Author Topic: Aeotec Heavy Duty Switch - Neutral Required?  (Read 597 times)

Offline tameanaka

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Aeotec Heavy Duty Switch - Neutral Required?
« on: March 09, 2018, 09:20:18 am »
Anyone have one of these installed for a water heater?  Is a neutral required? I have been reading conflicting things, some say yes, some say no.

If a neutral is required this means I will have to pull a new 10-3 wire which is just stupid.  The older GE heavy duty doesn't require neutral unless device is 120v.  Water heaters do not have a neutral connection either, just l1, l2, gnd.

If anyone could clarify this with 100% certainty it would be appreciated as I intend to order and install at the end of the month.

Offline JRH In Texas

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Re: Aeotec Heavy Duty Switch - Neutral Required?
« Reply #1 on: March 12, 2018, 04:36:29 pm »
 tameanaka,
You should not need a 10-3 wire as the neutral is only to control the Aeotec device -- a much smaller load -- and a smaller wire.

Having said that, a work-around THAT DOES NOT MEET CODE, would be to check the ground wire and see if is has continuity back to the buss bar in your panel.  If so, i.e., the ground wire is tied to the same buss bar as neutral wires in the panel, then you have a neutral running to your hot water heater.

The above is not advice, but an observation.


Offline tameanaka

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Re: Aeotec Heavy Duty Switch - Neutral Required?
« Reply #2 on: March 13, 2018, 08:33:34 am »
A neutral is required for control of the aeotec device? To turn on/off?

If it can?t be controlled without neutral what?s the point of adding one?

Offline rigpapa

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Re: Aeotec Heavy Duty Switch - Neutral Required?
« Reply #3 on: March 13, 2018, 01:19:17 pm »
In looking at how they set up the Heavy Duty switch, they derive control power for the switch itself from the line(s) and neutral provided that are also being switched. So, without a neutral, your choices are pull a neutral, or use a different product.

An alternative would be to use a standard Z-wave switch (pretty much any will do) placed near the heater to control a two-pole definite purpose contactor with a 120V coil (assuming you are US/Canada) and contacts sufficiently rated. The switch operates the contactor, the contactor operates the heater: wire the contactor between your feed circuit and the heater (in at the terminals on the top of the contactor, out at the bottom).  Wire the Z-wave switch to the contactor coil (terminals on the sides) as you would any light (switch load wire to one leg, neutral to the other). This should all go in a enclosure rated for the use and location, bonded (if metal), with appropriate finishing of wire entries and exits. Since there's a handful of fire in that box for unwitting fingers, I'd make sure it either has a screw-on cover or is locked, and has appropriate labeling for hazardous voltage inside and the identification of the breakers for both the heater circuit and the Z-wave switch prominently displayed.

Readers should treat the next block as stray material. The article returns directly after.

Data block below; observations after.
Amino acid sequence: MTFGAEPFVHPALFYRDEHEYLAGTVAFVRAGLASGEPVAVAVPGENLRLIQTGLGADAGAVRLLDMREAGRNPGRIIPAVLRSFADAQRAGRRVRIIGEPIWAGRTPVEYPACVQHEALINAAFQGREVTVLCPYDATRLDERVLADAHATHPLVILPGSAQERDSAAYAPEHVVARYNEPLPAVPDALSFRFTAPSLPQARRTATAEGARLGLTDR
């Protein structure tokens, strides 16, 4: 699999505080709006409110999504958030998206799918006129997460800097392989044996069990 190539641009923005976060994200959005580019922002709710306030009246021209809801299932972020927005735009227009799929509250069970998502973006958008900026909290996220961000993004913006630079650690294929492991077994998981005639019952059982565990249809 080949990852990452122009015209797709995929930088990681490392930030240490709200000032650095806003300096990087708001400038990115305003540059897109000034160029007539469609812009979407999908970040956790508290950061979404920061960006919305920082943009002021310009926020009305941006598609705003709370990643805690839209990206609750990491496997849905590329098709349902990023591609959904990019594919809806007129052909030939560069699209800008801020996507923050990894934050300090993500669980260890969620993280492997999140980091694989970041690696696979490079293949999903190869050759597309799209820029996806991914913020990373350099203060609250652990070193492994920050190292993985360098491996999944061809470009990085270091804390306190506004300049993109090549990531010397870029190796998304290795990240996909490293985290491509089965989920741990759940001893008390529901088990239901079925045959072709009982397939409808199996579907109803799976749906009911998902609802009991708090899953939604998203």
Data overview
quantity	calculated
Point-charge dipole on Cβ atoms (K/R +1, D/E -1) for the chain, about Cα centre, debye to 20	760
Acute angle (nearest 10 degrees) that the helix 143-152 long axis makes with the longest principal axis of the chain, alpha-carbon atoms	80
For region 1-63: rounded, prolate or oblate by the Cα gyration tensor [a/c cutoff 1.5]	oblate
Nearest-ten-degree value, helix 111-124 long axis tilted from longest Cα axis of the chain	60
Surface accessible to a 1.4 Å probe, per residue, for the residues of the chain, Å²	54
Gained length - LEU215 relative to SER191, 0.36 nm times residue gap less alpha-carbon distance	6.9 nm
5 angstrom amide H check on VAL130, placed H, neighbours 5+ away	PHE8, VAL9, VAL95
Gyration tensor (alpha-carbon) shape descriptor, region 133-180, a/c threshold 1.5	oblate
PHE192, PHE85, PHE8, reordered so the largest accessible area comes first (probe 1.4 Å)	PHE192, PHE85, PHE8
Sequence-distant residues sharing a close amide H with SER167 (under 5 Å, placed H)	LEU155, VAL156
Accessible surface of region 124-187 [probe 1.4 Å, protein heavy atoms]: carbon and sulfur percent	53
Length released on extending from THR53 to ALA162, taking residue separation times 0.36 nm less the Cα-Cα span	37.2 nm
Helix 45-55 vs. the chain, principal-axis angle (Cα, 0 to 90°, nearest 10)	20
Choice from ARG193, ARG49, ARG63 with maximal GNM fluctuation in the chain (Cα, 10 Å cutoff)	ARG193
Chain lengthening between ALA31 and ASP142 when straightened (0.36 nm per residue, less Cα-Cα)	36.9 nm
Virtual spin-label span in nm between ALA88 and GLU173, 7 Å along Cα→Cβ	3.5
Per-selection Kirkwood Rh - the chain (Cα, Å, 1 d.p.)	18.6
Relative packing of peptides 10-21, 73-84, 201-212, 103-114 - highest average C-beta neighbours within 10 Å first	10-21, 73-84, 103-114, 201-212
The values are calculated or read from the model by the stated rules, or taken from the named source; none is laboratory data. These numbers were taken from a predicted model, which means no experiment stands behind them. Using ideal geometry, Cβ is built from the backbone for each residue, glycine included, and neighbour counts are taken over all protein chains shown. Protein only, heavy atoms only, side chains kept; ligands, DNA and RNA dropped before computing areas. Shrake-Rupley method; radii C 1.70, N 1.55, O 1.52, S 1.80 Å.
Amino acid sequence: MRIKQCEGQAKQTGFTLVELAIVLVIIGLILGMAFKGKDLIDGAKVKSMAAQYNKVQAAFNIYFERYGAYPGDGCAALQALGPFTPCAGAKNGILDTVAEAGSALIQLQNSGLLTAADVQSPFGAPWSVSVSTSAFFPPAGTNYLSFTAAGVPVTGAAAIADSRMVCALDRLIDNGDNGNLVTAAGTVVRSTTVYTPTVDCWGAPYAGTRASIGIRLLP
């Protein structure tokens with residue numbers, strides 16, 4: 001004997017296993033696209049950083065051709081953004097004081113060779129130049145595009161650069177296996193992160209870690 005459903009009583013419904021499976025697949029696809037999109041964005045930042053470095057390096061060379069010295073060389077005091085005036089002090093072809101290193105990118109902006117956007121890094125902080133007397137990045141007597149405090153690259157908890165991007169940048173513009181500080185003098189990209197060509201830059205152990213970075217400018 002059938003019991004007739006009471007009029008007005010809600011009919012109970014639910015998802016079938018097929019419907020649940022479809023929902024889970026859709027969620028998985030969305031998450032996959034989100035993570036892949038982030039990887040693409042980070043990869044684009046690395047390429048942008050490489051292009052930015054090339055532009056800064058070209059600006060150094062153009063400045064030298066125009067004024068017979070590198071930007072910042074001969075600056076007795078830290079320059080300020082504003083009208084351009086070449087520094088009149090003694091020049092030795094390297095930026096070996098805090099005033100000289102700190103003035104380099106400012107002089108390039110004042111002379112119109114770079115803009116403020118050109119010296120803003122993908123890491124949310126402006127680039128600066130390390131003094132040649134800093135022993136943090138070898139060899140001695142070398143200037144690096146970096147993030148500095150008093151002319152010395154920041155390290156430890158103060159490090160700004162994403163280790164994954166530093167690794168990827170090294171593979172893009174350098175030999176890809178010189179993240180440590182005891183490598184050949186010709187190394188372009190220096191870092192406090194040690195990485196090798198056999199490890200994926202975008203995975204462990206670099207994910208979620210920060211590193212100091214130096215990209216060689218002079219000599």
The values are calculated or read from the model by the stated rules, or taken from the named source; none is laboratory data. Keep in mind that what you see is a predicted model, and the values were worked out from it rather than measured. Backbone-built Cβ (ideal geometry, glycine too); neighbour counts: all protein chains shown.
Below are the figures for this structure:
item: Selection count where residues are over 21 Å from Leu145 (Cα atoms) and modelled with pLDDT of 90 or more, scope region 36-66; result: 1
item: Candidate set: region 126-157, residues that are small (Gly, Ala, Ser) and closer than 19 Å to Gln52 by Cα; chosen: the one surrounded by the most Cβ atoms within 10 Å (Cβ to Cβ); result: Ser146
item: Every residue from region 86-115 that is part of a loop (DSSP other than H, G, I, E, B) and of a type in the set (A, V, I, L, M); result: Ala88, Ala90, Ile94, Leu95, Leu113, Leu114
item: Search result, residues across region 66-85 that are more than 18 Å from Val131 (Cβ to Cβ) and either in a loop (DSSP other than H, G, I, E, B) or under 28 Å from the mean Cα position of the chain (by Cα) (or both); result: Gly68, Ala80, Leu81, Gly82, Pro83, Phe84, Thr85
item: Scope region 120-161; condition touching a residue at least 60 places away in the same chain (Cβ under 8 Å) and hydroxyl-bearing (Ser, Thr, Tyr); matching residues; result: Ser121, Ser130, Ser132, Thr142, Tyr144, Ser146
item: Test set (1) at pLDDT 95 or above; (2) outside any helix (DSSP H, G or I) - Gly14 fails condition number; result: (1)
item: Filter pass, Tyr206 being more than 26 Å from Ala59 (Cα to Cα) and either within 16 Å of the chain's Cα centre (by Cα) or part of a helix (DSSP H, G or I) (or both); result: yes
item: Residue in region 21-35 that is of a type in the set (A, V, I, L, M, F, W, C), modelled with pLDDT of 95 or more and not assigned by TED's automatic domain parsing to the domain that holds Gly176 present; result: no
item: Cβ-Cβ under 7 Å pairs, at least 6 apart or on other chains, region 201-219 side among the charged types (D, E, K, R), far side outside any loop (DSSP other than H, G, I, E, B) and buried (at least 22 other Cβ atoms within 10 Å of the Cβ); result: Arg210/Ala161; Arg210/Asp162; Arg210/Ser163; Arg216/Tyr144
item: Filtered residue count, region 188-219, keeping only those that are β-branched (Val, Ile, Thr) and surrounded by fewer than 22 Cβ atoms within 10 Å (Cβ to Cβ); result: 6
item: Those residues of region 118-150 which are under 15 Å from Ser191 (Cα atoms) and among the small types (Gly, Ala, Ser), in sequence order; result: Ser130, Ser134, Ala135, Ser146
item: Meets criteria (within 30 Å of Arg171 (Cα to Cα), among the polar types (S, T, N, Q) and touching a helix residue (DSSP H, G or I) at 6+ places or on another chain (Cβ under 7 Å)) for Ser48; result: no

A perhaps simpler version of the above would be to use a Z-wave receptacle, and just wire the contactor coil on a cord that leaves the contactor box and plugs into the switched outlet of that receptacle.

Contactor of the type I'm talking about: https://www.grainger.com/product/SQUARE-D-120VAC-Definite-Purpose-Contactor-4DD05
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Offline rstrouse

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Re: Aeotec Heavy Duty Switch - Neutral Required?
« Reply #4 on: March 13, 2018, 02:07:23 pm »
I have one of these and neutral is not required for 220v.  Hook up L1, L2, and ground.  Although the instructions simply say "if you have a neutral & ground hook them up", the implication is that you won't have these for 220v so you do not hook them up.  Conversely for 120v you won't have an L2.
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